You can pinpoint bad upper A-frame or control arm bushings by having a helper hold the brakes firmly with the engine idling while shifting from Drive through Neutral to Reverse repeatedly. Look down over the fender as your helper does this. Some vehicles have substantial horizontal struts that position the lower control arms fore and aft. These are mounted in large rubber bushings, and you can hear these bushings move around if they have any extra clearance here. Mounting points on the frame can rust away, but this causes steering symptoms far more noticeable and worrisome than a mere noise.
Older rear-wheel-drive vehicles with a live rear axle and coil springs may have what's called a panhard rod that runs diagonally from the chassis to one side of the axle housing. The rod's bushings are a likely source of a clunking noise.
Worn-out shocks or struts are also common culprits here. When the internal hydraulics wear out, the piston will move without the proper resistance and stop short when you hit a bump. With shocks, another thing to check for is loose or dried-out mounting bushings. A groaning noise when you turn the wheel typically means there's a dry joint, likely at the idler or pitman arm.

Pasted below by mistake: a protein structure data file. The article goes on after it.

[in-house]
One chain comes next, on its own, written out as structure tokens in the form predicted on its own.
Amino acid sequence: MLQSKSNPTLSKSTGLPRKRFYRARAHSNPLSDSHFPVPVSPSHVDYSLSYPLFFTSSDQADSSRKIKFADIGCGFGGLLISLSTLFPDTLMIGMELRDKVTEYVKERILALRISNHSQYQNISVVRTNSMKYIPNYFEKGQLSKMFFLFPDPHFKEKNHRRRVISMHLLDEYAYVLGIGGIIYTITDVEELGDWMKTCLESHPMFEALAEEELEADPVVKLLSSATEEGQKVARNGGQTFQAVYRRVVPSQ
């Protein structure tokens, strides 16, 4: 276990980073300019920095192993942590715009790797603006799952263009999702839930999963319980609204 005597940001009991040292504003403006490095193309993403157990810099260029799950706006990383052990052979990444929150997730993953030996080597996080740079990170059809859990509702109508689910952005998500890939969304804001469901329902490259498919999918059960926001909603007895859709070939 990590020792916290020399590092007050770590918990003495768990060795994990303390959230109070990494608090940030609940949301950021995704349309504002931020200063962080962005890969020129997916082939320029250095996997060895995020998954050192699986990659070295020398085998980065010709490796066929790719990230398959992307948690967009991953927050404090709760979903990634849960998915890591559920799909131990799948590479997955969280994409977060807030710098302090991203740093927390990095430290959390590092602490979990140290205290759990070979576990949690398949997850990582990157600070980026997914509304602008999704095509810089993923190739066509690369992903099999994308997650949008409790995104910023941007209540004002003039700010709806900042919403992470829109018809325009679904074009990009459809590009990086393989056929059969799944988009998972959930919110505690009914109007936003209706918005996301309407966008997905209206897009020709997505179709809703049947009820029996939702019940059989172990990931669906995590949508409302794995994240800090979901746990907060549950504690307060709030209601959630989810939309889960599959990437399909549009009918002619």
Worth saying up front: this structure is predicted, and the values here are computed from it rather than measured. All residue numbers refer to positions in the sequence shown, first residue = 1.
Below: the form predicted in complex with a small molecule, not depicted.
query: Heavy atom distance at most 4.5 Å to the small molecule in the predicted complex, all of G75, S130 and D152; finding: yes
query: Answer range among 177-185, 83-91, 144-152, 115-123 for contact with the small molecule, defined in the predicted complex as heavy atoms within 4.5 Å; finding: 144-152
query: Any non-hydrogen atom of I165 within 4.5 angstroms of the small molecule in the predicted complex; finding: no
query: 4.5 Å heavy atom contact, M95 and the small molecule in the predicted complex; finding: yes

Another potential source of noise is the husky stabilizer bar (also known as a sway bar). This bar helps keep your car level in a curve. The links that attach it to the chassis have rubber bushings at both ends, which can rot and dry out just like any of the other rubber components we’ve mentioned here.
Unibody cars that get driven frequently on salted winter roads can also develop the rusted-out suspension pickup points. This is the worst-case scenario for these kinds of clunks where the only real fix involves a trip to the frame shop where new metal can be welded on.